A longstanding Democratic Labour Party (DLP) member today argued that the Right Excellent Sir Grantley Adams should never have been listed among this nation’s pantheon of National Heroes.
Instead, DLP stalwart Astor B Watts contended that the late founder and leader of the National Congress Party Wynter Crawford, should have been among the ten distinguished Barbadians accorded National Hero status.
The other nine National Heroes are Father of Independence Errol Walton Barrow; slave rebellion leader Bussa; politician and journalist Samuel Jackman Prescod; trade unionist Sir Frank Walcott; medical doctor Charles Duncan O’Neal; political activist Clement Payne; politician Sir Hugh Springer; Methodist missionary Sarah Ann Gill, the lone heroine; and cricketer Sir Garfield Sobers, the only living hero.
However, based on the fight Crawford waged during his political career on behalf of the disadvantaged in the society, Watts today argued strongly for his inclusion among the eminent group of Barbadians.
The 94-year-old Watts, who has been a member of the ruling DLP for the past 40 years and a supporter for an additional nine years, was at the time delivering the DLP’s lunchtime lecture at the party’s headquarters on George Street, St Michael.
Speaking on the topic Fifty and Onward, Then, Now and A Possible Beyond, he told the small gathering that he had lived through the period of social upheaval and had
first-hand knowledge of the events.
And giving his reasons for throwing his support behind Crawford as a suitable candidate for the status of National Hero, Watts said unlike Adams, who he said had thrown his support behind the planters and merchants upon his return to Barbados in 1928, Crawford had championed the cause of the working class even prior to the formation of his National Congress Party in 1944 and continued after the establishment of the party.
Watts insisted that it was Crawford and not Adams who had spoken out against the impoverished conditions of the farmers and peasants working on the sugar estates in the 1920s and 30s. For this, he said, Crawford gained the reputation from the Colonial Office as a socialist agitator.
On the other hand, Watts recalled that Adams was the lead writer of the Agricultural Reporter, the mouthpiece of the planters and merchants of the day.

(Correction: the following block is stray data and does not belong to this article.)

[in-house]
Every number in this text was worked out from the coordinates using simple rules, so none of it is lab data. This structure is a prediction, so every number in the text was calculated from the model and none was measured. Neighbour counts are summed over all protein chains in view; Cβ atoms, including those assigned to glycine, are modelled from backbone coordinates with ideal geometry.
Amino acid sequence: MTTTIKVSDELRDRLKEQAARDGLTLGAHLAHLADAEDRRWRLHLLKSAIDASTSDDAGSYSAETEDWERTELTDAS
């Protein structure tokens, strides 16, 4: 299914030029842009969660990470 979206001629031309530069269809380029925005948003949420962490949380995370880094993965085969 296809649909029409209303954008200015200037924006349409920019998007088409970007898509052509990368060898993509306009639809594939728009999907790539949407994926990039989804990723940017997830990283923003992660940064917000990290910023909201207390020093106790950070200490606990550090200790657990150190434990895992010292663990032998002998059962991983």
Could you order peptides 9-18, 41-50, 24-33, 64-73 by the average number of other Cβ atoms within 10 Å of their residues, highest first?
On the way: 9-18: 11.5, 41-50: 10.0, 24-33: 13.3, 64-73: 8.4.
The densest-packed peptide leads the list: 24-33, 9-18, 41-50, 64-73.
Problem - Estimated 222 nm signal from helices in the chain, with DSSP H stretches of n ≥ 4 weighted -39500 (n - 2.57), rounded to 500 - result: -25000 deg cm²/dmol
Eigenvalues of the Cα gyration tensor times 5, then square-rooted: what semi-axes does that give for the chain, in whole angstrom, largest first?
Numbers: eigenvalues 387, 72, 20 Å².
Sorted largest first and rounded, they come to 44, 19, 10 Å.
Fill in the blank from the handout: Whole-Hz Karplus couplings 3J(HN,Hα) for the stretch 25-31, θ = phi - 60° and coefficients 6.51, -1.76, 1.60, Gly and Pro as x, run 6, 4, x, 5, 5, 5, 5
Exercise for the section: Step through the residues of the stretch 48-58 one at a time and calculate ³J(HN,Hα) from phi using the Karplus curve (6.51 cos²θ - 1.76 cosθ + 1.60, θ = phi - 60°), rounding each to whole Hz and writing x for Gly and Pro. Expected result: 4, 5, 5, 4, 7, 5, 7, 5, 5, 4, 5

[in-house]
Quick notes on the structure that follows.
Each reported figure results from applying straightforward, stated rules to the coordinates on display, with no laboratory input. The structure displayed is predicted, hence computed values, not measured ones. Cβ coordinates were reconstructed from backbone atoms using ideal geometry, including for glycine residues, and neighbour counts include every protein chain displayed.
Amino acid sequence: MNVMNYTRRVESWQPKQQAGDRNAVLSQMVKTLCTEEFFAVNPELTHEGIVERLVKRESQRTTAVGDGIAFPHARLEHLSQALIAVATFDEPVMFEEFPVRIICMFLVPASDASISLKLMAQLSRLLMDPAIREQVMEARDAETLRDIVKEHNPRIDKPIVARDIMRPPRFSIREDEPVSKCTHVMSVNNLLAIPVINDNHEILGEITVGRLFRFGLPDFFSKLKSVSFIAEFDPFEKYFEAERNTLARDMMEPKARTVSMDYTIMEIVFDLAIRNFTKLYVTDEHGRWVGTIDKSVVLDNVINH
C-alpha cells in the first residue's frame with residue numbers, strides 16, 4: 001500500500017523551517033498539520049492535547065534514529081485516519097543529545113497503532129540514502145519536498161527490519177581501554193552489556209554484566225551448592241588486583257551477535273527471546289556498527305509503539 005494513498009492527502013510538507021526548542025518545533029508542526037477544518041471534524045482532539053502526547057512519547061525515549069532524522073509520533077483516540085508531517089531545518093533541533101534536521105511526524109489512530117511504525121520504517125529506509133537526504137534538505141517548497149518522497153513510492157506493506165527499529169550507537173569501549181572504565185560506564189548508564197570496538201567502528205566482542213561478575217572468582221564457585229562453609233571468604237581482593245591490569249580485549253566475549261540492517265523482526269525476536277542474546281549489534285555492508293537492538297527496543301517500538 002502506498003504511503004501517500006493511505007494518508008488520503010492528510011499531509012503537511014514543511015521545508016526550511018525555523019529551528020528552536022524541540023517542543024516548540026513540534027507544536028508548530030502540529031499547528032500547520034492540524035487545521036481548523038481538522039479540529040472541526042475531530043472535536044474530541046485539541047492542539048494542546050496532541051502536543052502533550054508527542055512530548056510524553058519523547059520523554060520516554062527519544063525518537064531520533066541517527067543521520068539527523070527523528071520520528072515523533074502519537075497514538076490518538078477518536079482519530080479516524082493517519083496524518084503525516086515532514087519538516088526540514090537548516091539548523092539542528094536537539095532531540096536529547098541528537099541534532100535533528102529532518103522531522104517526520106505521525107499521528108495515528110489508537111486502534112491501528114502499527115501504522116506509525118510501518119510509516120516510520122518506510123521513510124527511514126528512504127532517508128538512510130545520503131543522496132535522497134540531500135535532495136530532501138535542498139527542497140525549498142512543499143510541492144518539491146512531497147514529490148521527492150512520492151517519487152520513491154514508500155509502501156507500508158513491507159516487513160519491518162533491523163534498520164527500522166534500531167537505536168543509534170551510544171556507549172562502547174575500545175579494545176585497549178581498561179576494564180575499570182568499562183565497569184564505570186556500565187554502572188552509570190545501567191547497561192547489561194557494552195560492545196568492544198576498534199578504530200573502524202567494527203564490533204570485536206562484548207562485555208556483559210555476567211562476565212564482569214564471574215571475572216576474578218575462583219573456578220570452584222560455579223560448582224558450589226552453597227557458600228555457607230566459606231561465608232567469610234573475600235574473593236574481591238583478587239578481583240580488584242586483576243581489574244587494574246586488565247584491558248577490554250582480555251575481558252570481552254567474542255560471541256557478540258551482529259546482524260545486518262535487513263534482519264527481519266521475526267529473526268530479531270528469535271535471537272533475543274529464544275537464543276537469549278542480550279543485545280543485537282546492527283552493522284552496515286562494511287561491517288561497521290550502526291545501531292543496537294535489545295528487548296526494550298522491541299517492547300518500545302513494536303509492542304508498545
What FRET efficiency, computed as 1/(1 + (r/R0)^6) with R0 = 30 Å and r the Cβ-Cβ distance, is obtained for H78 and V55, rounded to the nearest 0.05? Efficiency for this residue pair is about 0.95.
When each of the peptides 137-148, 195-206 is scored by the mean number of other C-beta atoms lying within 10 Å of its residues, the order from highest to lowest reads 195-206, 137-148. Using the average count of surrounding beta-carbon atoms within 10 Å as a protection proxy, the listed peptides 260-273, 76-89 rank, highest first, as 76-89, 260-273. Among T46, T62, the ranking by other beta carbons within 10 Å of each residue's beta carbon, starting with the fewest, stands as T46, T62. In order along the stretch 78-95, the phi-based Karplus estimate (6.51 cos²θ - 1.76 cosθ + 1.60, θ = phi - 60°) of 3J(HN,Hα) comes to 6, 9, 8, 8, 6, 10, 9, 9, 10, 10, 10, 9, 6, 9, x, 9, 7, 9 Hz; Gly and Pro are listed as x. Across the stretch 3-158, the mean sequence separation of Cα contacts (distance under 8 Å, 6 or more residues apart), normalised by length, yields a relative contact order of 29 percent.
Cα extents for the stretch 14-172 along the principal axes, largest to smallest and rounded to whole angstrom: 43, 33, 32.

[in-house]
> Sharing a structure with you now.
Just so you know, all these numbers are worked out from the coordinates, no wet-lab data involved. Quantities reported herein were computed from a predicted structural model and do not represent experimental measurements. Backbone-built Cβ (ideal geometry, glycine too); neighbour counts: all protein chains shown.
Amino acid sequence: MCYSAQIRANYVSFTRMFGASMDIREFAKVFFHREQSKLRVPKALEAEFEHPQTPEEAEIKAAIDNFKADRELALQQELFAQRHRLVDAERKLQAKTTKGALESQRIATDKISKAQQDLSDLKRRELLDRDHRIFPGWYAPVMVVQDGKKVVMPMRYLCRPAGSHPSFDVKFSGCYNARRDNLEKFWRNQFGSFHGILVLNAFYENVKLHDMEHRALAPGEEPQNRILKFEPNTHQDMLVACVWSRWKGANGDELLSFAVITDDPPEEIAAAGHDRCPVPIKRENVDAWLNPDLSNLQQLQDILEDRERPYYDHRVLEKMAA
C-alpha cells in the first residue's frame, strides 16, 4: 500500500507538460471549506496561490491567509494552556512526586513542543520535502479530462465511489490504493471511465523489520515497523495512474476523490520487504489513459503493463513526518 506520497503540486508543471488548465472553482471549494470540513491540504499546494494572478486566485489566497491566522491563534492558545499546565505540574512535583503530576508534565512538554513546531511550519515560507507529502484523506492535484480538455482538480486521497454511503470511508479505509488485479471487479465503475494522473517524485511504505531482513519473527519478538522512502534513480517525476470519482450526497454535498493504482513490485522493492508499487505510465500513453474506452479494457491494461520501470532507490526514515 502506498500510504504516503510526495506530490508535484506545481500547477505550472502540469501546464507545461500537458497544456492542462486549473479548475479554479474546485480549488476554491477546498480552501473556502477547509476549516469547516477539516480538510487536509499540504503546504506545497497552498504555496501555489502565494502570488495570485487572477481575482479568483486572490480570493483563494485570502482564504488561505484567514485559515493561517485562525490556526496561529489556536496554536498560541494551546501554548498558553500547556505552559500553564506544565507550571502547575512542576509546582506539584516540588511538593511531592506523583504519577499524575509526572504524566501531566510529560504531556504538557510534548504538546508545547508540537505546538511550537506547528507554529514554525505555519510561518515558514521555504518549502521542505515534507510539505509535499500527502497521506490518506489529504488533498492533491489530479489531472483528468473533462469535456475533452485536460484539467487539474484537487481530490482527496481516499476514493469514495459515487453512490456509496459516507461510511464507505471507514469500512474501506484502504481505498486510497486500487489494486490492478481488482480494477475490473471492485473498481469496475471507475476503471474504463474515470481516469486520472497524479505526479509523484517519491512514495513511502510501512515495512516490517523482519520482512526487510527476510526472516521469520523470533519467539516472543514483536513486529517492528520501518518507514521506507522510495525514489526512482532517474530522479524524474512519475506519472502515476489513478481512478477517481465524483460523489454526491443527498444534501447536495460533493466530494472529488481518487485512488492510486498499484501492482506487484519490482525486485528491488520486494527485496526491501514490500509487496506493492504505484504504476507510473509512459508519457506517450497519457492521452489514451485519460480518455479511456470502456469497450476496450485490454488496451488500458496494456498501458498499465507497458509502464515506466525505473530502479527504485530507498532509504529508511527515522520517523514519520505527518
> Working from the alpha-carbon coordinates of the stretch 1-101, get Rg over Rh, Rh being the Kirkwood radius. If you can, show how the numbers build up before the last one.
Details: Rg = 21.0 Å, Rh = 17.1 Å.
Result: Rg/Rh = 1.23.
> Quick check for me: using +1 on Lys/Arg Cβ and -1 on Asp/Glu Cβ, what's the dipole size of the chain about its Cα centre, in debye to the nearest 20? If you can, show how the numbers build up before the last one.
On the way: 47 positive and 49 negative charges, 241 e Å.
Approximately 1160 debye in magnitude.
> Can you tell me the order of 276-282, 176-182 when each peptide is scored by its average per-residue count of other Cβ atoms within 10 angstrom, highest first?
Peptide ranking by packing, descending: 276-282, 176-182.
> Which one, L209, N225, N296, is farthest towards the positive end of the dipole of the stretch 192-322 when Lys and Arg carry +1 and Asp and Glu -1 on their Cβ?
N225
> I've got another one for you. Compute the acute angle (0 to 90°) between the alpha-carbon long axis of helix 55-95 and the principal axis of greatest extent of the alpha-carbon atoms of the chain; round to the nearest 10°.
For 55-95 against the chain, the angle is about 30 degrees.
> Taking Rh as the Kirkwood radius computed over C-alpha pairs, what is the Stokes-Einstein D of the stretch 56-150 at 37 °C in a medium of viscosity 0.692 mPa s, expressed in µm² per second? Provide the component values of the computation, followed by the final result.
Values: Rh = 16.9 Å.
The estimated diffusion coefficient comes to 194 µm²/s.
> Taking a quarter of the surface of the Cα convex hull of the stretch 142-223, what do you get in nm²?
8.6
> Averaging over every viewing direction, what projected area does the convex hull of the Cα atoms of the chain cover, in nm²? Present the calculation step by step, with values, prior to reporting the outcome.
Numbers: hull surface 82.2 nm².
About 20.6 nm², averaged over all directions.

Watts further recalled that during the 1937 riots, Adams, who was regarded as one of the legal luminaries of the day, had refused to attend a brief for Clement Payne, who was facing deportation for a “false” declaration to immigration officials in Barbados.
The longstanding member of the DLP argued that Adams could have easily won the case because it was a known fact among most Barbadians that Payne was born in Barbados to Barbadian parents, attended school in Barbados, but was later taken to Trinidad as a young boy by his parents.
Watts further charged that Adams’ anti-working class position came to the fore again when he chose to represent a Bridgetown merchant who had brought defamation charges against Clennell Wickham, the editor of the pro-working class paper, The Herald.
According to Watts, Wickham lost the case against the merchant and later died a “broken man” in the sister island of Grenada.
He further contended that Adams was never in the forefront of the formation of the Progressive League, the precursor of the current Opposition Barbados Labour Party (BLP), but only became the leader because he was in “the right place at the right time”.
His comments came against the backdrop of recent concerns raised by the BLP that attempts were being made to rewrite
history and to diminish the contribution of the party’s founder to the island’s development.
Late last month, BLP General Secretary Dr Jerome Walcott leveled the accusation against the organizers of the dramatic presentation at Golden Grove Plantation, St Philip, tracing Barbados’ development from the 1816 Bussa slave rebellion through to Independence until today, of a “bold attempt to re-write and re-interpret history and to try to denigrate the contribution of the Right Excellent Grantley Adams to this country, one of our National Heroes.
“It is not right,” Walcott had said then.